Finally, it should be pointed out that the relevance of the Eliassen–Palm flux as a diagnostic tool is not restricted to its role in the zonal angular momentum budget. The relation of the flux to quasigeostrophic potential vorticity transports and wave activities is well established, and corresponding results are not at all affected by the negative outcome of our analysis, nor are any nonacceleration theorems. Nevertheless, TEM theory does not offer any advantage when it comes to analyzing AAM budgets for the atmosphere as observed.

## Acknowledgments

We are grateful to the referees for constructive criticism.

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Globally integrated value of *T*_{2} in JJA and DJF in Hadley as a function of height.

Citation: Journal of the Atmospheric Sciences 65, 10; 10.1175/2008JAS2725.1

Globally integrated value of *T*_{2} in JJA and DJF in Hadley as a function of height.

Citation: Journal of the Atmospheric Sciences 65, 10; 10.1175/2008JAS2725.1

Globally integrated value of *T*_{2} in JJA and DJF in Hadley as a function of height.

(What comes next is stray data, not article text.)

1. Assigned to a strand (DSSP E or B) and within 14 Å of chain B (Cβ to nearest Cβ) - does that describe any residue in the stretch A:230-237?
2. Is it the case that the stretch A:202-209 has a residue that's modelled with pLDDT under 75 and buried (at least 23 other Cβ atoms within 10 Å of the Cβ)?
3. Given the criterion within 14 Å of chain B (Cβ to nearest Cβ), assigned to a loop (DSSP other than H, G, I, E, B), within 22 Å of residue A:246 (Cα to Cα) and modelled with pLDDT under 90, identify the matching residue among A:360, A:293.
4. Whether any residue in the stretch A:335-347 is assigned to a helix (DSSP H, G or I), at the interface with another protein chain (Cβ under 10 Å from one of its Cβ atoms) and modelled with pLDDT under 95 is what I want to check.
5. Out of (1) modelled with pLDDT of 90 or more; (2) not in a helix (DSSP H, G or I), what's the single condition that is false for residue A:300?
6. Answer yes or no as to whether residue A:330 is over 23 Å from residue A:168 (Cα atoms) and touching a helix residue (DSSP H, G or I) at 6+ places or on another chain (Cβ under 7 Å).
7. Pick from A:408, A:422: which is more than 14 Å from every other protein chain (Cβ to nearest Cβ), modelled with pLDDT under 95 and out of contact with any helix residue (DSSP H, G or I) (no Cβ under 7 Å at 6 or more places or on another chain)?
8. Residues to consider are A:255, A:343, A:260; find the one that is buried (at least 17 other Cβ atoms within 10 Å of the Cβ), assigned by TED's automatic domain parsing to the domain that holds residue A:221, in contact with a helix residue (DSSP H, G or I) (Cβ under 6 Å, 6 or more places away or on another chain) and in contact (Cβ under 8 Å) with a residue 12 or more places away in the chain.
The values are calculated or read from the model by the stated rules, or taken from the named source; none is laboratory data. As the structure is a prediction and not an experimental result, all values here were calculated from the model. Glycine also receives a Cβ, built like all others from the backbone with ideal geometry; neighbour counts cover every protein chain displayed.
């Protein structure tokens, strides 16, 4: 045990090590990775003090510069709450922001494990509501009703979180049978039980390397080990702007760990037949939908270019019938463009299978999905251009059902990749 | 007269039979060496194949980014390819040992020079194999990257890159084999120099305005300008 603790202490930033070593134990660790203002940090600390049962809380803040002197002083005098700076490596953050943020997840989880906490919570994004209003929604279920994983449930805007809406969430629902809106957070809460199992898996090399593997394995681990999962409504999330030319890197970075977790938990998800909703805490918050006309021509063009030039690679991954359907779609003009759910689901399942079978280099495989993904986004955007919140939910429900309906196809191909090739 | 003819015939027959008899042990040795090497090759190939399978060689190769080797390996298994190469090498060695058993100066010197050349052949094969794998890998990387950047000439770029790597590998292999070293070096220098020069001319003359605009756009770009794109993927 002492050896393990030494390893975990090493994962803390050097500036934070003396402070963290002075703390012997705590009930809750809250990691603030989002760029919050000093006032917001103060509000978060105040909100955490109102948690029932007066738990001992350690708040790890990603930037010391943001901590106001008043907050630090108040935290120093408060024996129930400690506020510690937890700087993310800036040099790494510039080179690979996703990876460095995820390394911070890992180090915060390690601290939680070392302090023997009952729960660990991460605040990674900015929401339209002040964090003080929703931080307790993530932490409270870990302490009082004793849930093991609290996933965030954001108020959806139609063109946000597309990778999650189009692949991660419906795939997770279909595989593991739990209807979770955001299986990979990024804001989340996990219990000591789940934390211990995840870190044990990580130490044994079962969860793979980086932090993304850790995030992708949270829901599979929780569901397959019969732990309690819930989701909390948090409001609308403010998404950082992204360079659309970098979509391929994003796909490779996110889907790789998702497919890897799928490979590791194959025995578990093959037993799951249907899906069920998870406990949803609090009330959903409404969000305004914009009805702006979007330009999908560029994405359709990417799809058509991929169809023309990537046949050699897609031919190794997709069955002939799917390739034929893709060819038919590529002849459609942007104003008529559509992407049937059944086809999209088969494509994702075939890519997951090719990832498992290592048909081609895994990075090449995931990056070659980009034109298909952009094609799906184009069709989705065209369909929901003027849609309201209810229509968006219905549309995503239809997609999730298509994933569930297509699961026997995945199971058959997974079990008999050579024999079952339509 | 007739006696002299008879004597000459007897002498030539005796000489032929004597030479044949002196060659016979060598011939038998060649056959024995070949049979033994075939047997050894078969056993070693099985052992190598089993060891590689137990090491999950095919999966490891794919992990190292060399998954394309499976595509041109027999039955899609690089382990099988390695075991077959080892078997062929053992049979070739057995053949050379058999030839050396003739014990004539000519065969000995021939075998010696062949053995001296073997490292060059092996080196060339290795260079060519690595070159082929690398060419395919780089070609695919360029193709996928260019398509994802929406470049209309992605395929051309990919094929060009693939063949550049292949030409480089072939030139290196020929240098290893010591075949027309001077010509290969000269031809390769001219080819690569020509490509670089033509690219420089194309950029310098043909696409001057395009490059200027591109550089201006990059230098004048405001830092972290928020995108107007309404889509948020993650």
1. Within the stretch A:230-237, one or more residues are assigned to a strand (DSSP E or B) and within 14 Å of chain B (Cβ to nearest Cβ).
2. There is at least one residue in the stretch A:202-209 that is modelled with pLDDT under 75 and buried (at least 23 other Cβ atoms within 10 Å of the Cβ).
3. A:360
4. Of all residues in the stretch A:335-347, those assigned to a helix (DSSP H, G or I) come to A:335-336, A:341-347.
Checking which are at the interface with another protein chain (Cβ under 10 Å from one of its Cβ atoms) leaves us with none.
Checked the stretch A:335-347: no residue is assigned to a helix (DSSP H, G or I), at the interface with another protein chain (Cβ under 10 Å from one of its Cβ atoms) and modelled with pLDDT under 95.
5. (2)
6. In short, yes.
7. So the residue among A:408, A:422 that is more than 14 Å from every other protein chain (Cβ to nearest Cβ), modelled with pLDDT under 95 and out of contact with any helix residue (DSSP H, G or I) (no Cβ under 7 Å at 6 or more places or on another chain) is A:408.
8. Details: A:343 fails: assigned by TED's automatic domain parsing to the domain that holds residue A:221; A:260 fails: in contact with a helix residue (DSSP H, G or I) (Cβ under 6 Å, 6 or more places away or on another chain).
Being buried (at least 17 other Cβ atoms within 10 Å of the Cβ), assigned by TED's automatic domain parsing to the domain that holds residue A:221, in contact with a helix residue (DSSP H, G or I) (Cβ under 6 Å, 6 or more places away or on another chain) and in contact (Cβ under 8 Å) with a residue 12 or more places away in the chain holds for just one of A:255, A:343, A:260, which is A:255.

Citation: Journal of the Atmospheric Sciences 65, 10; 10.1175/2008JAS2725.1

Isentropic pressure torque *T _{p}* (4.9) in Hadley for (a) JJA and (b) DJF for belts with

*Dφ*=

*φ*

_{2}−

*φ*

_{1}= 4.5° as a function of potential temperature.

Citation: Journal of the Atmospheric Sciences 65, 10; 10.1175/2008JAS2725.1

Isentropic pressure torque *T _{p}* (4.9) in Hadley for (a) JJA and (b) DJF for belts with

*Dφ*=

*φ*

_{2}−

*φ*

_{1}= 4.5° as a function of potential temperature.

Citation: Journal of the Atmospheric Sciences 65, 10; 10.1175/2008JAS2725.1

Isentropic pressure torque *T _{p}* (4.9) in Hadley for (a) JJA and (b) DJF for belts with

*Dφ*=

*φ*

_{2}−

*φ*

_{1}= 4.5° as a function of potential temperature.

Citation: Journal of the Atmospheric Sciences 65, 10; 10.1175/2008JAS2725.1

Globally integrated value of *T _{p}* in Hadley in JJA and DJF as a function of potential temperature.

Citation: Journal of the Atmospheric Sciences 65, 10; 10.1175/2008JAS2725.1

Globally integrated value of *T _{p}* in Hadley in JJA and DJF as a function of potential temperature.

Citation: Journal of the Atmospheric Sciences 65, 10; 10.1175/2008JAS2725.1

Globally integrated value of *T _{p}* in Hadley in JJA and DJF as a function of potential temperature.

Citation: Journal of the Atmospheric Sciences 65, 10; 10.1175/2008JAS2725.1